At that time, the Ottoman Empire was in an existential battle for it's very existence and those who dispute the Armenian genocide believe both that wide scale violence, persecution and murder was motivated, in part, by waves of ethnic cleansing committed against the Ottoman Empire's Muslim population in the Balkans and the Caucasus.
The victors write the history books. The Ottoman Empire was crushed as were their leaders and the Empire chopped up and literally eliminated by the victors. Who wrote the history from their perspective? No one. Just like history screams of German atrocities but largely is silent about Russian mass atrocities prior to and during WWII. Does that minimize the Nazi holocaust? No. But it doesn't mean the Russian atrocities are irrelevant either.
When wars become wars of national survival, unfortunately war also becomes increasing mass atrocities. Out of blame. Out of retaliation. Because everyone of them is the enemy - often due to escalating guerilla warfare by those being persecuted - for which then ALL civilians are potential enemy AND a desire to not have those people take the country if you lose.
The battle lines between both the Germans and Russians - and Japanese and Chinese - became kill and rape everyone, burn everything. Since some civilians do support, feed, hide and house guerilla warriors - and are a source of guerilla fighters who won't wear uniforms, those civilians in toto come to be seen as the enemy - why the often are put into concentration camps, deported, large numbers murdered publicly to make an example, and such.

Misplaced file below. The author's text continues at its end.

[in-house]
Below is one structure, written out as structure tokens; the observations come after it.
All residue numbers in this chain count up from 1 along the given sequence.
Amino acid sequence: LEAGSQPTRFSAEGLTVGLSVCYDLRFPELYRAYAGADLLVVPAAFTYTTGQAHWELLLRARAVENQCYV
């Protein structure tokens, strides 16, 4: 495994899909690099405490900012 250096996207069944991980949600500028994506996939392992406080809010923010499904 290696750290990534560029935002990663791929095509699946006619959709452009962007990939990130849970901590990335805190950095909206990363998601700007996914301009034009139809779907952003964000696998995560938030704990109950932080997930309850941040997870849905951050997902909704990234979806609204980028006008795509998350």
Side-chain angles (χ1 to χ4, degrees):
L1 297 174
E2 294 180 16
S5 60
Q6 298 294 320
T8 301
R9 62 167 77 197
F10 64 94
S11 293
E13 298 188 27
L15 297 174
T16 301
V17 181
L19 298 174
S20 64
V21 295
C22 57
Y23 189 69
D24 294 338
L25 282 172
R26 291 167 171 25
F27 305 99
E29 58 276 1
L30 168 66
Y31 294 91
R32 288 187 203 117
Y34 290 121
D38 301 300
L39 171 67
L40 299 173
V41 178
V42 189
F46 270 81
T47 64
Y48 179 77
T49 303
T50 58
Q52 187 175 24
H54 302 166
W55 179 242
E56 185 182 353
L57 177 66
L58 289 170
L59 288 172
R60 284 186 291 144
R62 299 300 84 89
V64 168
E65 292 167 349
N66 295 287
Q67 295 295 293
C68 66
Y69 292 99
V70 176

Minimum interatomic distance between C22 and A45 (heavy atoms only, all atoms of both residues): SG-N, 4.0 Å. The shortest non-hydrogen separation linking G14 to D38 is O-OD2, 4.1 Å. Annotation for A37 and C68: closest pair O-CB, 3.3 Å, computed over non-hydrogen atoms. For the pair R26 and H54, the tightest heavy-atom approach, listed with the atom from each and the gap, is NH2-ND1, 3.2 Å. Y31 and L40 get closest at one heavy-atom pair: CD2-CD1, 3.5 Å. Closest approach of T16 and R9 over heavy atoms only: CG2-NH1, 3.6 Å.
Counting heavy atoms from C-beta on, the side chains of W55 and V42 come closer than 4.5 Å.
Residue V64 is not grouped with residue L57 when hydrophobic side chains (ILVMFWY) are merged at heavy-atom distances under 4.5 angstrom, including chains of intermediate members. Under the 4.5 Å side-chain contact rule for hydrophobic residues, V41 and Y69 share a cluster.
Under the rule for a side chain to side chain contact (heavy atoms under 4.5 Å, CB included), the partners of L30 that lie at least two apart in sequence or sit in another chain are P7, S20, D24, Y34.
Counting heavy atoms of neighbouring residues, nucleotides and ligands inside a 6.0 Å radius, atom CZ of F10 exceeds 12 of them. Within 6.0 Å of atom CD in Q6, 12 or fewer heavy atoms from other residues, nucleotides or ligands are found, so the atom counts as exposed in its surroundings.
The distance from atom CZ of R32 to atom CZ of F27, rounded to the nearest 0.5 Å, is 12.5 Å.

WWI and the wars prior to it could be described as wars of atrocities. So there not only is the question of whether the Ottoman government directed a genocide against Armenians, but also whether then it was the largest genocide of all those going on?
At some point, wars of survival on a mass scale become revenge for revenge and retaliation for retaliation. All of them trying to kill all of us and visa versa. Civilians become quasi-military because their civilian activity and mere existence is a source of the enemy - if just a source and support to guerilla warfare such as the French Resistance as an example. Did the French Resistance kill every German they could in France, even if just in a civilian German administrative role? Were they murderers for doing so? Did French who fed and hide those fighters make themselves a military enemy?
And terror is a recognized tactic of war - for which nearly all bombing by the Allies for a while was against German and Japanese cities - ie fire bombing "to break their will to fight." Genocide? Mass murder? Or how wars go?
Is the side that kills more successfully then more evil? Is the loser more evil? The winner? Is it measured in motivation or body count?
We forget that historically in the further distant past wars tended to often be about genocide. The GOAL of the war was to kill everyone of "them," the other people, and take their land for yourself.
All of the USA came into existence under that premise, didn't it? Kill or run off all "Indians" and take all their land. That is what MOST wars in the past were about. Get rid of them, take everything they have. Do Americans throw ashes of remorse on themselves? Any of you care to give everything have back to those people? Your house? Car? You don't even think about it.
The "Biblical" style wars, in which exactly everyone except those taken off into slavery in a city-state would be killed - as in everyone.
The notion of ANY morality in war didn't largely come about until the late 1800s and evolved slowly.
AND THAT IS WHY I ASK WHY THE FOCUS ON THIS PAST MASS ATROCITY? There are hundreds to pick from. Thousands, depending how far back you want to go. Why not talk about CURRENTLY RELEVANT atrocities instead?